SCRANTON, Pa. – In one of the most extreme cases of worker bashing to balance a budget, the mayor here on July 5 unilaterally cut the wages of all 398 city workers to the $7.25 hourly federal minimum, retroactive to June 27.
That cut, which started with the city’s first July paychecks, hurt hundreds of workers and forced the city’s Fire Fighters Local 60, its Fraternal Order of Police lodge and the Machinists, who represent Scranton’s 92 public works employees, to sue the city in mid-July to get their wages restored.
“It’s incredible. Pick a law, and they broke it,” said Thomas Jennings, attorney for the workers and the unions, after he filed the complaint in the Lackawanna County, Pa., Court of Common Pleas, after the first reduced paychecks went out.
The city claimed it’s broke and had no choice. Mayor Thomas Doherty said Scranton had only $133,000 in the till, owed $3.4 million to various vendors, and that he couldn’t get the city council to raise extra revenue to pay the city’s 398 workers.
But Scranton’s cuts are also part of a nationwide pattern, which sees cities and states claiming they can’t afford the pay and benefits previously negotiated with their workers and the workers’ unions.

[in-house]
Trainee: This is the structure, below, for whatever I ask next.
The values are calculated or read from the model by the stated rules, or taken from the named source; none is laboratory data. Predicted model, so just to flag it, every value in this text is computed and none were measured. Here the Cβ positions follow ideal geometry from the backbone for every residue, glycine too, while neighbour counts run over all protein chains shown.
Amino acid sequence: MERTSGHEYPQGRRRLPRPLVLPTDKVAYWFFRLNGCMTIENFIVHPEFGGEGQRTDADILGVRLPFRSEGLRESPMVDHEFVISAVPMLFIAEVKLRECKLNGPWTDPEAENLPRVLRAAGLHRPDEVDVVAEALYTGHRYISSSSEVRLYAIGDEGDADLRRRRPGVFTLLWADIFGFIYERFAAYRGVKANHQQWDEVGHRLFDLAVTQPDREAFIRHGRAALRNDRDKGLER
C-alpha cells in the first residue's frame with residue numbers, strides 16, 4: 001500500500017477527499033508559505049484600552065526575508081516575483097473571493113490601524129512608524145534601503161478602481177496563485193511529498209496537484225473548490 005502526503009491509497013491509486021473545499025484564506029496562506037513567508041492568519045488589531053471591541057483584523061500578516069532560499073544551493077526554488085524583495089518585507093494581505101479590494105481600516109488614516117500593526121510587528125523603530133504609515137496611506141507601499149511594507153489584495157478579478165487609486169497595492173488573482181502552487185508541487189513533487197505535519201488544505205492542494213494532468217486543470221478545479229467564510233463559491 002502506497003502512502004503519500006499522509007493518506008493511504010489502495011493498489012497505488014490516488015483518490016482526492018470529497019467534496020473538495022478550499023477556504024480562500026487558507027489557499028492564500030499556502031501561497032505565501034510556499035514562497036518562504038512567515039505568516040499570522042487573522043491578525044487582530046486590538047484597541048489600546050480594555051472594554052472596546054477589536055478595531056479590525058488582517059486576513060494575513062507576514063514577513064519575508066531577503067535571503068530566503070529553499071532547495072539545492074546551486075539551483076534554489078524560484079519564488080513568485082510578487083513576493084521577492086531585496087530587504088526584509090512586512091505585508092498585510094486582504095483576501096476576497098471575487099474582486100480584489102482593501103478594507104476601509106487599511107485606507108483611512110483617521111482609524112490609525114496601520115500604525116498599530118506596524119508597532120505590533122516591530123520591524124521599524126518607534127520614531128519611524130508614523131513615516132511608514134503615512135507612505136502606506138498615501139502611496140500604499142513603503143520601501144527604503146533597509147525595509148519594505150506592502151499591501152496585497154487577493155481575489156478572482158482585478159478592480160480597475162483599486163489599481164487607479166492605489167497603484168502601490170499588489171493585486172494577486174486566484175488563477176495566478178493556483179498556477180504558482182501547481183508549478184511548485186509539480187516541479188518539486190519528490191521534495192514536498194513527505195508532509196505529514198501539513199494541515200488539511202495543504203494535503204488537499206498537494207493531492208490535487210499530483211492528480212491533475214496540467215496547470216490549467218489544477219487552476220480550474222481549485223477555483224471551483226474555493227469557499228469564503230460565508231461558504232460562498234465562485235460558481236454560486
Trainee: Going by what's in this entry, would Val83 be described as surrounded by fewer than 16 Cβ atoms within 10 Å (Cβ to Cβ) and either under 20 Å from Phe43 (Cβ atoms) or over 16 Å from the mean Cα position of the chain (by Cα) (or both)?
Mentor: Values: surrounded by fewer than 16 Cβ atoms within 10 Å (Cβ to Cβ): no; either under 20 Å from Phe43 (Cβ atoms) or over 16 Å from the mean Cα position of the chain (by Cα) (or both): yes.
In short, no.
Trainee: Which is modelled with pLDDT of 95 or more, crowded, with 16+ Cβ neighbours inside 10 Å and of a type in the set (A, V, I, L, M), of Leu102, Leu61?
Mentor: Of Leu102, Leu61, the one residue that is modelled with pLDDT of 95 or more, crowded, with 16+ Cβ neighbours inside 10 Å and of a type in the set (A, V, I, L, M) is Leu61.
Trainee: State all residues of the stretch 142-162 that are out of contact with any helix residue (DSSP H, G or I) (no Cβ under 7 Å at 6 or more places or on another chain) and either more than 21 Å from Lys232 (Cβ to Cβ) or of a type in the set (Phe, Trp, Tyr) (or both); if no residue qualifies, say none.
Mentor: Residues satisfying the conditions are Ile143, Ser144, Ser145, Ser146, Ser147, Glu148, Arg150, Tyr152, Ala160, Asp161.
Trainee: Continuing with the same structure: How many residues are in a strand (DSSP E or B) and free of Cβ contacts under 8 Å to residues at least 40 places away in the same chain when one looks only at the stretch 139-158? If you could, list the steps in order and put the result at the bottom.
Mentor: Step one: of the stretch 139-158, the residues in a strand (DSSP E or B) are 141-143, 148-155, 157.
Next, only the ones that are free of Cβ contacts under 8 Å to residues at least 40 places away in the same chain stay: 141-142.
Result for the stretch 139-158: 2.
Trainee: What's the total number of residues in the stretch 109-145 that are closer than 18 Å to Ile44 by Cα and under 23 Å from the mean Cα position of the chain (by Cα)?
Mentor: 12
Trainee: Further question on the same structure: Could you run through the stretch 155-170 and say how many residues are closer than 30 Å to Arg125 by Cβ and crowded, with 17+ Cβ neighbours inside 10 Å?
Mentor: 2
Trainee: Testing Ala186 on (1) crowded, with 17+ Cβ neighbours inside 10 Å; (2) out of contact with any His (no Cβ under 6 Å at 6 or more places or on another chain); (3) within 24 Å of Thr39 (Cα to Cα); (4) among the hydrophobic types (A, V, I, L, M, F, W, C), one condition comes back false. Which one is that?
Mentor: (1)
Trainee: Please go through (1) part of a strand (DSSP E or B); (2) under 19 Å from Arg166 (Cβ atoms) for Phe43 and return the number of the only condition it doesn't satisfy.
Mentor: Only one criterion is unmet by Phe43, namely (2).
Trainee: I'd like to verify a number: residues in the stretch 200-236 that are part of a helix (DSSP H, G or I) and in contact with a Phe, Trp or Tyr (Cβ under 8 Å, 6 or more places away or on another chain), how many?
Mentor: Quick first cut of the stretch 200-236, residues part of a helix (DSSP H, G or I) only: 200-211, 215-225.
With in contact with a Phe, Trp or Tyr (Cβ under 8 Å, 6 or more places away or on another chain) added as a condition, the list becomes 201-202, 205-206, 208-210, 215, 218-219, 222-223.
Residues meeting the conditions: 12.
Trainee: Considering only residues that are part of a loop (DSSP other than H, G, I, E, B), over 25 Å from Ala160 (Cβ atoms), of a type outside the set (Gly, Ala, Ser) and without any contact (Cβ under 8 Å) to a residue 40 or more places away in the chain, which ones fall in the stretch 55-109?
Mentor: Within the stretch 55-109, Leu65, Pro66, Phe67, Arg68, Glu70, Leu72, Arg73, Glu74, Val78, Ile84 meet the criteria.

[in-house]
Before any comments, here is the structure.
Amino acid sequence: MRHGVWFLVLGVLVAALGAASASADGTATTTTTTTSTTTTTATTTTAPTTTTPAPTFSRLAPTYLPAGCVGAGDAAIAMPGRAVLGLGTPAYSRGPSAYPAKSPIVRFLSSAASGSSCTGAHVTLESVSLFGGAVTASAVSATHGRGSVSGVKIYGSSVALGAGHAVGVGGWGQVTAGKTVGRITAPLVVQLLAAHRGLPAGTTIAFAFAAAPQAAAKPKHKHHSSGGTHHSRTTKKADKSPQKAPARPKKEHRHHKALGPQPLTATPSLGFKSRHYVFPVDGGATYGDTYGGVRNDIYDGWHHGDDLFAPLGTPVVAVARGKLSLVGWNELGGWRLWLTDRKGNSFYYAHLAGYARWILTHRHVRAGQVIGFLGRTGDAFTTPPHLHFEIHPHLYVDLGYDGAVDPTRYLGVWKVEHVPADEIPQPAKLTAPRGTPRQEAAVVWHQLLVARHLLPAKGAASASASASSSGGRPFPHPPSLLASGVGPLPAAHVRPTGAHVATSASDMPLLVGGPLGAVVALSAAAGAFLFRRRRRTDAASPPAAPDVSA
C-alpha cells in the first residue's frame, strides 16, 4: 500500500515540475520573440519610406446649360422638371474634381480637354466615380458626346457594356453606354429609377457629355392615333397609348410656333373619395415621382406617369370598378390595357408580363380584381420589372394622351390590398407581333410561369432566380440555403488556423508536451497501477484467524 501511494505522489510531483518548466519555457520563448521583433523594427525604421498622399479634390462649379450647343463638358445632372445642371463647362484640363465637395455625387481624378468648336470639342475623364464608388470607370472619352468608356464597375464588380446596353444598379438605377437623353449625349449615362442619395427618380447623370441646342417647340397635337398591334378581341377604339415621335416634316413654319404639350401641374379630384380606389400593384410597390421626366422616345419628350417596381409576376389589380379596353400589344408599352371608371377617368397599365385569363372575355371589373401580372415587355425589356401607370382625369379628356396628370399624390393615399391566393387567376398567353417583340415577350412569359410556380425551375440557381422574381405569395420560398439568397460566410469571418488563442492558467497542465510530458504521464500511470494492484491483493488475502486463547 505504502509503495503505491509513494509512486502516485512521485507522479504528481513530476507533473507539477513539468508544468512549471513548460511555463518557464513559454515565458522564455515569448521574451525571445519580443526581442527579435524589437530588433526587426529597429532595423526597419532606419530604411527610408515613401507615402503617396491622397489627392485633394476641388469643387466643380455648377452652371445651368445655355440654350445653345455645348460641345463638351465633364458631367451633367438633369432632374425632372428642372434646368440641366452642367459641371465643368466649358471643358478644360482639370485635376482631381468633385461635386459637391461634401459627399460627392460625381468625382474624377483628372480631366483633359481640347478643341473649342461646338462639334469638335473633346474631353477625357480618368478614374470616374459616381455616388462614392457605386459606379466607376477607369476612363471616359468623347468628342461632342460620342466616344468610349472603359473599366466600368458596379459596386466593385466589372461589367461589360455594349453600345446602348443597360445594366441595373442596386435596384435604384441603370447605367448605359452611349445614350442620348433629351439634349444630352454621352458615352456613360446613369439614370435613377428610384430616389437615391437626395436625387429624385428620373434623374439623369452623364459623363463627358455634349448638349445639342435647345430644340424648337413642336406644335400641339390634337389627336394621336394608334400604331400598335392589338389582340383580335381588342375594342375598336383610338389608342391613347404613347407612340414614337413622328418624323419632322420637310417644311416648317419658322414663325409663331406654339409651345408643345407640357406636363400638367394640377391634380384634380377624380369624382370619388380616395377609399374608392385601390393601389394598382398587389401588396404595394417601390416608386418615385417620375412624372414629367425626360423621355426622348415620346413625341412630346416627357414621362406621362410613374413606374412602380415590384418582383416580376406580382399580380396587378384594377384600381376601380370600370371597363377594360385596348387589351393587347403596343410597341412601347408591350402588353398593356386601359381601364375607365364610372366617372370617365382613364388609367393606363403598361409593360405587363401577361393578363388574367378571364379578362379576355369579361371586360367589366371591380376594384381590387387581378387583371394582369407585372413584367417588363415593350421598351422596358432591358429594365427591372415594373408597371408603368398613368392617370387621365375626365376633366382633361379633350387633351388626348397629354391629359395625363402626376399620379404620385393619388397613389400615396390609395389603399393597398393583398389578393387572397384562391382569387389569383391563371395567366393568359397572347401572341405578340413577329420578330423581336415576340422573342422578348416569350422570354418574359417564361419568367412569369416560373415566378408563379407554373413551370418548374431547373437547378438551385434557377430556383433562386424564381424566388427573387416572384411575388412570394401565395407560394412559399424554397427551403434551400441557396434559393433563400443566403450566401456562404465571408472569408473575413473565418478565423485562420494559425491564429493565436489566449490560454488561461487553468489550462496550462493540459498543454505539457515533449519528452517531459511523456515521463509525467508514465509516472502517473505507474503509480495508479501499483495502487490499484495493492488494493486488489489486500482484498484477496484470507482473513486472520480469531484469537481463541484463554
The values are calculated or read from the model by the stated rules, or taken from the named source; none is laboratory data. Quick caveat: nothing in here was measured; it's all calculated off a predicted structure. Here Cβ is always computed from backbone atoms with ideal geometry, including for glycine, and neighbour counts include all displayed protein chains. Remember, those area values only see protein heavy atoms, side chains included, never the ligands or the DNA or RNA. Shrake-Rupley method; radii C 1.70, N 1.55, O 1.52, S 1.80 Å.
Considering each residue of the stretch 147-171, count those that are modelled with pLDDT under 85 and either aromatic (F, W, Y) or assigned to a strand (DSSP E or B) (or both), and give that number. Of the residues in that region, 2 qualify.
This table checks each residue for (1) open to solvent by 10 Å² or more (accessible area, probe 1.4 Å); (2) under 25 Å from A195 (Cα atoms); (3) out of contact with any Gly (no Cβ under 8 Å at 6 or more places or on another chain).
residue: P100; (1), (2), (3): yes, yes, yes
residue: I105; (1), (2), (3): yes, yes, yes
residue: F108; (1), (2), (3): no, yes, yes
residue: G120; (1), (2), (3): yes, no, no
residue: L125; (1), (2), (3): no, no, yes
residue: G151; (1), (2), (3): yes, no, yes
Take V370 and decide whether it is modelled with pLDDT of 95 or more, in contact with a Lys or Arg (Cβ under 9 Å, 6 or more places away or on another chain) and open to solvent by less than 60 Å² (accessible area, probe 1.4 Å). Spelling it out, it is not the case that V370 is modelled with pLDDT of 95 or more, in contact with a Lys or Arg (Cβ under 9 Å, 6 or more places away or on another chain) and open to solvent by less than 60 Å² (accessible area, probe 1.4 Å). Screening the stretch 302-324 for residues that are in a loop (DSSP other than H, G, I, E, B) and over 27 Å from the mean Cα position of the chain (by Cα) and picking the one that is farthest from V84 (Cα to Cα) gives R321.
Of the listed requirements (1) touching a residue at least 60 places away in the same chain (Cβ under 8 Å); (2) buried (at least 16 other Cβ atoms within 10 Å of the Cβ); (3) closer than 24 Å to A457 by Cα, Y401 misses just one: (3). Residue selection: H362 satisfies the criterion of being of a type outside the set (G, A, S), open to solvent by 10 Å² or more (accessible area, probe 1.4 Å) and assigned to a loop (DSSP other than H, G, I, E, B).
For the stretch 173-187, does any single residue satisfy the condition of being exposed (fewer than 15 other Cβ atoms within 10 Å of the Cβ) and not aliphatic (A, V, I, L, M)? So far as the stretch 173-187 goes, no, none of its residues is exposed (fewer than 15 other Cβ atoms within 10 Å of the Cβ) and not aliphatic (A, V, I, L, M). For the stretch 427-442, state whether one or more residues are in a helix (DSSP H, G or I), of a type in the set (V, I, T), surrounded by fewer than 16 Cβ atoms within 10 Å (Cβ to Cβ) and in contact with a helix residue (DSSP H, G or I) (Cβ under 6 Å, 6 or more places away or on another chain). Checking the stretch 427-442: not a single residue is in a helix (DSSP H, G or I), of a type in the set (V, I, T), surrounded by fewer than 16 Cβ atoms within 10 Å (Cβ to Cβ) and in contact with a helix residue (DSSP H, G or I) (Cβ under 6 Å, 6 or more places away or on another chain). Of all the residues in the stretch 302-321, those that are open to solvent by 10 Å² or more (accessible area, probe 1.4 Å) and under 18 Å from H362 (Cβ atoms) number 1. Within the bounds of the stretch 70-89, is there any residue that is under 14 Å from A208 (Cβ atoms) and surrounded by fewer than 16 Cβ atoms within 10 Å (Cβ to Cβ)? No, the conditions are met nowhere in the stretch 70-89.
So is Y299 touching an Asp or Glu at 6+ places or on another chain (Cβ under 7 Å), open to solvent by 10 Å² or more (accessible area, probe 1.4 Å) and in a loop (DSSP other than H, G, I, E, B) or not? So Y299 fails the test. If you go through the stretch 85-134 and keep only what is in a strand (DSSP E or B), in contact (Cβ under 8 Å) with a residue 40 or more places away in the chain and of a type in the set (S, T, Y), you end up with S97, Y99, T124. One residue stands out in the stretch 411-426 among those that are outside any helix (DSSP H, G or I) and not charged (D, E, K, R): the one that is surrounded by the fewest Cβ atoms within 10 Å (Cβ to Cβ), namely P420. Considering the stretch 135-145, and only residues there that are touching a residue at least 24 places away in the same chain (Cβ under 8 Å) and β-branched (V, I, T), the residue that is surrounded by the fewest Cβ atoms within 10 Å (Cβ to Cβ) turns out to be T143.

Governments’ responses have ranged from negotiated future pension cuts, as in New York State, to right wing Wisconsin Gov. Scott Walker’s destruction of collective bargaining rights for 200,000 public workers.
But unilaterally cutting everybody back to the minimum wage, in defiance of a recent arbitrator’s decision instituting new contracts from 2009-13 and wage scales for all three unionized groups, is a new low.
It’s so bad that Jennings, for the three unions, not only sought reinstatement of the wages via a court order, but a contempt citation against Doherty for defying the arbitrator and breaking state public employee law.
The arbitrator’s agreement set wage scales ranging from $30.17 hourly for the district chief to $23.64 for a second-year Fire Fighter. The DPW workers earn between $18.88 and $19.78 hourly. It’s a steep drop from those figures to the minimum wage.
“The city made no attempt to bargain with Local 60, the lodge” or the Machinists “concerning the implementation of the unilateral reductions,” the unions’ suit adds.
“As a result, the workers face “immediate inability feed their families…pay medical expenses” or child care or mortgages, the suit says.
And all this is on top of no raises for seven years, due to city appeals of prior arbitrators’ awards, the unions’ lawsuit points out.
No date has been set for a hearing on the unions’ suit.
Photo: Scranton, Pa. resident Doug Miller voices his opinions to city council members regarding the city’s financial debt. AP & The Scranton Times-Tribune/Butch Conegys